Philadelphia Federal Reserve Chairman Patrick Harker said Thursday he sees three or four rate hikes this year as appropriate as the central bank tackles a nagging inflation problem.
His thinking, outlined in a live interview on CNBC's Closing Bell program, aligns with estimates released in December by the Federal Open Market Committee's policymaking body.
But while officials then flagged the likelihood of a three-quarters-point point hike in the Fed's interest rate this year, Harker said he may be open to more.
“We must take action against inflation. She's more persistent than we thought some time ago. I haven't been on the 'transition' team for a while now," he said, citing the term Fed officials used to characterize inflation for most of 2021 before it pivoted towards the end of the year. "I think it's appropriate to take action this year," Harker said. "I entered three [hikes], but four are out of the question for me."
He was speaking the same week that Labor Department reports showed that inflation was rising from the US economy. Consumer price inflation is at 7%, the highest annual rate since June 1982, while wholesale prices rose 9.7% year-on-year in 2021, the largest full-year data movement dating back to 2010.
After the December meeting, the FOMC set out a schedule that would also complete the monthly asset purchases by around March. Subsequent minutes released showed that some members also thought the Fed should start reducing the size of its balance sheet this year, likely by withdrawing some of its bond proceeds each month.
But Harker advocated a slower approach. He thinks the Fed should wait until it raises rates "for the sake of argument" or four hikes before beginning to trim the more than $8.8 trillion balance sheet left by the Fed asset purchases during the pandemic.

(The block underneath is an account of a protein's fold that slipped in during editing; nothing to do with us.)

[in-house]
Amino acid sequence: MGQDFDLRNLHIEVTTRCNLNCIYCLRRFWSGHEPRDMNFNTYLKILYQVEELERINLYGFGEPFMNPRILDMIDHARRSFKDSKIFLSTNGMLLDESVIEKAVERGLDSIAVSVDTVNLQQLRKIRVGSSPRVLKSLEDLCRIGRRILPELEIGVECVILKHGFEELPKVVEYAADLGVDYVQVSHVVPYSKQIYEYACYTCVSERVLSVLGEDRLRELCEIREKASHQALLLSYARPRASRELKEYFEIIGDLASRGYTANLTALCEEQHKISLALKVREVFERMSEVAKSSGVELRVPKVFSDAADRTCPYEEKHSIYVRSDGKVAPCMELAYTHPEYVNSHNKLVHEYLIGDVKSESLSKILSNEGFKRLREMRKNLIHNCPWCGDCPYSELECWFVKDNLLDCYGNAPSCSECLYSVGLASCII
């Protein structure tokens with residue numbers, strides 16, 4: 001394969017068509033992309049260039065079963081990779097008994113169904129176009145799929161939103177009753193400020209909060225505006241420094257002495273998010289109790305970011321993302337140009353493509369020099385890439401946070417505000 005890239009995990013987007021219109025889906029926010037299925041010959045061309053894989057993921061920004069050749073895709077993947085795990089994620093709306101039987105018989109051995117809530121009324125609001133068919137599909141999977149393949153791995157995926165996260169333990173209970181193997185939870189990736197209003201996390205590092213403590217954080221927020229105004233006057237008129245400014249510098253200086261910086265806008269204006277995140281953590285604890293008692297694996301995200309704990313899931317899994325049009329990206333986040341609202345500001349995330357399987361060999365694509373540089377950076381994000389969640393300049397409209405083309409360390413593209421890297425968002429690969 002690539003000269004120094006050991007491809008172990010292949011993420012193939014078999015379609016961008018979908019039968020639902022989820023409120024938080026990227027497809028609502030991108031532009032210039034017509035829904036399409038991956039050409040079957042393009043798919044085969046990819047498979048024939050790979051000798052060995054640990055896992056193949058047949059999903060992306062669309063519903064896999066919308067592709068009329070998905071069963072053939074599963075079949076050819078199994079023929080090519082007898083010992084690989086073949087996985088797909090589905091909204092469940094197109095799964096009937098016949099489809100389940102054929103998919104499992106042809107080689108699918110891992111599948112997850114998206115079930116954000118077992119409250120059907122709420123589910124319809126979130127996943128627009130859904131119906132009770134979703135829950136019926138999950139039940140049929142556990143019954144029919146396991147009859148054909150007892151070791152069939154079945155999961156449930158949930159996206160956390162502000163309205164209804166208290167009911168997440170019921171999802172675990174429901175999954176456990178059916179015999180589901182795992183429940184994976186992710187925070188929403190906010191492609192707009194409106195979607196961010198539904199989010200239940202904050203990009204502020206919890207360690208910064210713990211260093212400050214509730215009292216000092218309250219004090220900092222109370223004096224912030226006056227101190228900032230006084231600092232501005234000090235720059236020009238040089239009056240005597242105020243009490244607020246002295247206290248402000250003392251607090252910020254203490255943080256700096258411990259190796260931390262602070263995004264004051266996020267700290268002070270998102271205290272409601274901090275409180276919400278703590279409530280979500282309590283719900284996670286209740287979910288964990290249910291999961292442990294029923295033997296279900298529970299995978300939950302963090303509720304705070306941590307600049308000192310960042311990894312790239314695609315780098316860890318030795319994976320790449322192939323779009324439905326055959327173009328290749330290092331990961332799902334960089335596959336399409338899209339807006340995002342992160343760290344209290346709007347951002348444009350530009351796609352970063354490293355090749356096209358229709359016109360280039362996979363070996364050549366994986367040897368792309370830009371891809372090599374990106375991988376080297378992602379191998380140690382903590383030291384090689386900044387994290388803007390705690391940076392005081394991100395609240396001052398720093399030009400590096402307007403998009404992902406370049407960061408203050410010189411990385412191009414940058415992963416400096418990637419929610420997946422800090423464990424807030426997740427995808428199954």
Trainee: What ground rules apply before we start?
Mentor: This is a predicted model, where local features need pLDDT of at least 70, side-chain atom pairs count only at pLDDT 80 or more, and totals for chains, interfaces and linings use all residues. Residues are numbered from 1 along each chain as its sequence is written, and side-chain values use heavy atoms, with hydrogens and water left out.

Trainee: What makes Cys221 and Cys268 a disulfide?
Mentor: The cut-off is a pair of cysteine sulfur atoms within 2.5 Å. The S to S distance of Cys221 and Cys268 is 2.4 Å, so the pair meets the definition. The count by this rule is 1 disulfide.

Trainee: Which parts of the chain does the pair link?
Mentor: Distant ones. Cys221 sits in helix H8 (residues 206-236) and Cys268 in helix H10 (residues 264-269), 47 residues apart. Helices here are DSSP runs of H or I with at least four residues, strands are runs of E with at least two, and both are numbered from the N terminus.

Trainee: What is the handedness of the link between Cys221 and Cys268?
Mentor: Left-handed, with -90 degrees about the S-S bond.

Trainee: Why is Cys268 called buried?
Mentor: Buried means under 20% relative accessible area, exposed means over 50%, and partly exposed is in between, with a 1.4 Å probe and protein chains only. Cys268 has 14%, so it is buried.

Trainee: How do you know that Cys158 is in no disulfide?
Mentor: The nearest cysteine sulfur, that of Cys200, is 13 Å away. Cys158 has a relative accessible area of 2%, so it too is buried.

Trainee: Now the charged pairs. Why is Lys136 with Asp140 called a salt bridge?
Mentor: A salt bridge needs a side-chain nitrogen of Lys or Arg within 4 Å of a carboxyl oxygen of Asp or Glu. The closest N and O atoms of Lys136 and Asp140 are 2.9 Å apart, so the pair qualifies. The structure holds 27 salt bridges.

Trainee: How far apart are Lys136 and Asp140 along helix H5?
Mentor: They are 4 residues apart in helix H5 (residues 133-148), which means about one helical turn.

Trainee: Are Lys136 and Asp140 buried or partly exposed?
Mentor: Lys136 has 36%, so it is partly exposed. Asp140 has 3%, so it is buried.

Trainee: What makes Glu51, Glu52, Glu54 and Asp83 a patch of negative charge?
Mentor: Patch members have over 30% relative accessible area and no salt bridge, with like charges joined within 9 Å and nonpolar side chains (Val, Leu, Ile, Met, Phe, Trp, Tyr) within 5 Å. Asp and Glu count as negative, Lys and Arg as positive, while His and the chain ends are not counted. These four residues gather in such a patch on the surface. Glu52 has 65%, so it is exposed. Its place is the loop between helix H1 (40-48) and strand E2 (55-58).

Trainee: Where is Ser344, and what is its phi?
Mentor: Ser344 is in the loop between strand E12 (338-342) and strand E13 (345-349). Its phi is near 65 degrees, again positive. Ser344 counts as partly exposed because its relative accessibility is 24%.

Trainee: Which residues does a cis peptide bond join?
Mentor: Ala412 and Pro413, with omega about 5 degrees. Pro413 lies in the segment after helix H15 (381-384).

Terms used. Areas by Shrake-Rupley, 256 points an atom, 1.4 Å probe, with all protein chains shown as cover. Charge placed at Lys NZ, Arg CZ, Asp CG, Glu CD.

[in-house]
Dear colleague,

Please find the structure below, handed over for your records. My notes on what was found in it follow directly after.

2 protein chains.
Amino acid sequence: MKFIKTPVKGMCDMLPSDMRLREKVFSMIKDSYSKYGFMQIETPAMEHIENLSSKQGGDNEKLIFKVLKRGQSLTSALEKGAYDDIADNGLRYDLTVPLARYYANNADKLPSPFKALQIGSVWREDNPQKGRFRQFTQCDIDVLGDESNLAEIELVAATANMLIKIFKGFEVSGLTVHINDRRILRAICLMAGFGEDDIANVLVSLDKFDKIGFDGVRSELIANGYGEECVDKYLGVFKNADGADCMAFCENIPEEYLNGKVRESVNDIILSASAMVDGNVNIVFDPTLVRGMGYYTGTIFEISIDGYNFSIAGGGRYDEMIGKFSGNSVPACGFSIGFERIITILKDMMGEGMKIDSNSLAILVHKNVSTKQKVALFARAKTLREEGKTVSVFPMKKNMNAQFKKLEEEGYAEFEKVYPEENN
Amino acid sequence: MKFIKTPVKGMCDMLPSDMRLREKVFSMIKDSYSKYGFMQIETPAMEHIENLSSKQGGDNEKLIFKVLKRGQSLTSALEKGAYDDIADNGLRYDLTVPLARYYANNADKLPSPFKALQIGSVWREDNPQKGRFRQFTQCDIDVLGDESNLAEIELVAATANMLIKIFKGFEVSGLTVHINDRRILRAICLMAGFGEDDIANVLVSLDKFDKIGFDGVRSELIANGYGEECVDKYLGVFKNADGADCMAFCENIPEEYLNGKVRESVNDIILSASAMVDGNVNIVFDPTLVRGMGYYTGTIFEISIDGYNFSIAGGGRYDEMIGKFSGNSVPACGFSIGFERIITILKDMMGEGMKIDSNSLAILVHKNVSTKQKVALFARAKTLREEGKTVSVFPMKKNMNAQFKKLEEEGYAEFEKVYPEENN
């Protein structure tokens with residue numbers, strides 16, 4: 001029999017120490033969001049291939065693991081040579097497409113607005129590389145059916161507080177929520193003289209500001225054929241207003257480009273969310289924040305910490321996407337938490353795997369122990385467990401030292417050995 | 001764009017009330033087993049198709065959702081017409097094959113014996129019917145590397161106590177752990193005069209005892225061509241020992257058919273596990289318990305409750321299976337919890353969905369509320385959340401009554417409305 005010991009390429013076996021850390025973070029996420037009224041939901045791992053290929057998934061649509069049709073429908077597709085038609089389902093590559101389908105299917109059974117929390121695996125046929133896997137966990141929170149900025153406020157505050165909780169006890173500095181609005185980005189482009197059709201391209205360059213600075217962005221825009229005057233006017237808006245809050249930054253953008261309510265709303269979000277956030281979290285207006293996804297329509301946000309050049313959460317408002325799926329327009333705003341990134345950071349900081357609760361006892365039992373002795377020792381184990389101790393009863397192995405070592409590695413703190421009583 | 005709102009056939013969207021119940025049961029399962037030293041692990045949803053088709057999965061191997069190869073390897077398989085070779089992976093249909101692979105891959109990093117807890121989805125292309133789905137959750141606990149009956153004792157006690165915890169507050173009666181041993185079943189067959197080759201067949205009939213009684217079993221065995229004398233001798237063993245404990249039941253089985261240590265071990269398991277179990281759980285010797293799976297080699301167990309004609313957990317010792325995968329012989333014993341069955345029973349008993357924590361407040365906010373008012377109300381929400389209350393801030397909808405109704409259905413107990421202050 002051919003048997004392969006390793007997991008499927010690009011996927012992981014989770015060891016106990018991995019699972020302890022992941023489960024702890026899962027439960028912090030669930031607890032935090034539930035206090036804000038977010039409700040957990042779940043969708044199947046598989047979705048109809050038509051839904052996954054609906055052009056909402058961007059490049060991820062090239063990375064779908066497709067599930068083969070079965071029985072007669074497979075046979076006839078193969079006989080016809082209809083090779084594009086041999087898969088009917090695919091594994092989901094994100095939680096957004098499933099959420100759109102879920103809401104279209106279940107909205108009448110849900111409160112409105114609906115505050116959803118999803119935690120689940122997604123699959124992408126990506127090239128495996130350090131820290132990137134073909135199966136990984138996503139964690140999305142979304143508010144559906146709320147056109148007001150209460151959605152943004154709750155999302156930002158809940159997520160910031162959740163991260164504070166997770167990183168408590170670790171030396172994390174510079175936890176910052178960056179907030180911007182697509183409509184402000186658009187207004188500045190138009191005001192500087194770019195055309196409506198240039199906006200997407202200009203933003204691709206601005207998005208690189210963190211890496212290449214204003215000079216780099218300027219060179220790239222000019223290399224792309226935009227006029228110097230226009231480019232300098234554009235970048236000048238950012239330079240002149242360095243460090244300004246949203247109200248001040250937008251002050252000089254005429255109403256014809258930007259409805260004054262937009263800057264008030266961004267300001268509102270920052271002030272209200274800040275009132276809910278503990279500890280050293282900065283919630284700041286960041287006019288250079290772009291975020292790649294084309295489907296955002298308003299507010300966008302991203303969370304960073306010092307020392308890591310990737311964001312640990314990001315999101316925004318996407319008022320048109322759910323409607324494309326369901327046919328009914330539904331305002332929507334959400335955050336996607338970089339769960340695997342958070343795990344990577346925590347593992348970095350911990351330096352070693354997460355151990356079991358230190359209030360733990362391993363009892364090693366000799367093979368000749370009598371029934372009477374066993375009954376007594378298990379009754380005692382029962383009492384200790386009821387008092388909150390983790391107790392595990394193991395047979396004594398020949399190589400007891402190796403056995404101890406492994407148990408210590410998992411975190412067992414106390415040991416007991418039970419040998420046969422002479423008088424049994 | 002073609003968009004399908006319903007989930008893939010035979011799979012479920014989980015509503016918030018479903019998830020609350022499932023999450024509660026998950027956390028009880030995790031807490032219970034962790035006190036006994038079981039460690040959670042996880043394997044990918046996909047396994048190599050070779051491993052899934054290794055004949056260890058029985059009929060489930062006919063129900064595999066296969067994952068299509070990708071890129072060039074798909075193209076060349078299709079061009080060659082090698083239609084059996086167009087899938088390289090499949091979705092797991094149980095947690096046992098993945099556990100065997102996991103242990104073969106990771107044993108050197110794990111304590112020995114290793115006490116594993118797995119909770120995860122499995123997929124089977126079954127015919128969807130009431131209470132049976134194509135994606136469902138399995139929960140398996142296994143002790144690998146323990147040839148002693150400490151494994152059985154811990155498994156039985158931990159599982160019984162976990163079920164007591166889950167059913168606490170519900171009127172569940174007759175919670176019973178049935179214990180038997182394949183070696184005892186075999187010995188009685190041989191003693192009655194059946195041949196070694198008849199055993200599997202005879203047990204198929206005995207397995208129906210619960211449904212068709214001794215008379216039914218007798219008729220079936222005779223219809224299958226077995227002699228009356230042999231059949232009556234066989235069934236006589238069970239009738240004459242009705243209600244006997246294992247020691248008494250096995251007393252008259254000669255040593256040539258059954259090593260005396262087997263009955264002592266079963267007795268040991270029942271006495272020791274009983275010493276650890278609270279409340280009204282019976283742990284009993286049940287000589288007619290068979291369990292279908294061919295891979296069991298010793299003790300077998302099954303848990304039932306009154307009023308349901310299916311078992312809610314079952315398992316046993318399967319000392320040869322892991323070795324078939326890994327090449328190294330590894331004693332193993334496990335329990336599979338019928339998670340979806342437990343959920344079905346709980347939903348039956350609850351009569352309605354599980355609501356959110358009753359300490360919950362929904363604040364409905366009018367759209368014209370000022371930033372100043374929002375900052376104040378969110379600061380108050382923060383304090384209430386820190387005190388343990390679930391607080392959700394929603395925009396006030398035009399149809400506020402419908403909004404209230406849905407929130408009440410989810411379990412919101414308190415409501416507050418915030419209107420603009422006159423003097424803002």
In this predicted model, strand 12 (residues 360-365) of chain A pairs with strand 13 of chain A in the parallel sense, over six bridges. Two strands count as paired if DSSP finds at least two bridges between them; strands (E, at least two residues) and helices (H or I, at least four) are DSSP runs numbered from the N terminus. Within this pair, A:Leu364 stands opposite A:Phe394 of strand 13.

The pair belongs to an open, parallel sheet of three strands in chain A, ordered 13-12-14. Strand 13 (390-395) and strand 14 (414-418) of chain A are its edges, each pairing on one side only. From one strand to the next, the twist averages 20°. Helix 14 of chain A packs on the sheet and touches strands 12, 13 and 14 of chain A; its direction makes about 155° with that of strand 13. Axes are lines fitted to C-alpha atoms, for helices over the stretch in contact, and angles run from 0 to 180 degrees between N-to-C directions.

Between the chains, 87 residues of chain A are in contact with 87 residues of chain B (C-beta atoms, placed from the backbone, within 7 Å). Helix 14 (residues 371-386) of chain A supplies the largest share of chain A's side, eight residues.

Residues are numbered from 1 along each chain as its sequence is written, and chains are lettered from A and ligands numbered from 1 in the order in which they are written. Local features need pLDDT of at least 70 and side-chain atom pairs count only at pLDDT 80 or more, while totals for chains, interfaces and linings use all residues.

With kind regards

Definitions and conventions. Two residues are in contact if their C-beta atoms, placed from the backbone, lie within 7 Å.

"I don't want to do it all at once. I think that's just the wrong way," he said. "Let's do them in stages."
Going slow, he said, would cushion the economy from shocks that could occur if the Fed backed away from the easiest monetary policy in its history. He said the Fed could avoid wrecking the recovery if it was "careful and methodical." So I'm not in the camp of raising interest rates and normalizing balance sheets at the same time.”
Earlier in the day, Chicago Fed President Charles Evans said he believes three rate hikes are most likely, although he is open to more.
"That's probably a good opening bid this year depending on how the data rolls out," Evans told reporters. "It could be four if data on inflation doesn't improve fast enough."
Neither Evans nor Harker are voters in the FOMC this year, although they can voice their opinions at policy meetings and their views are part of the Committee's "dot chart" of members' interest rate expectations.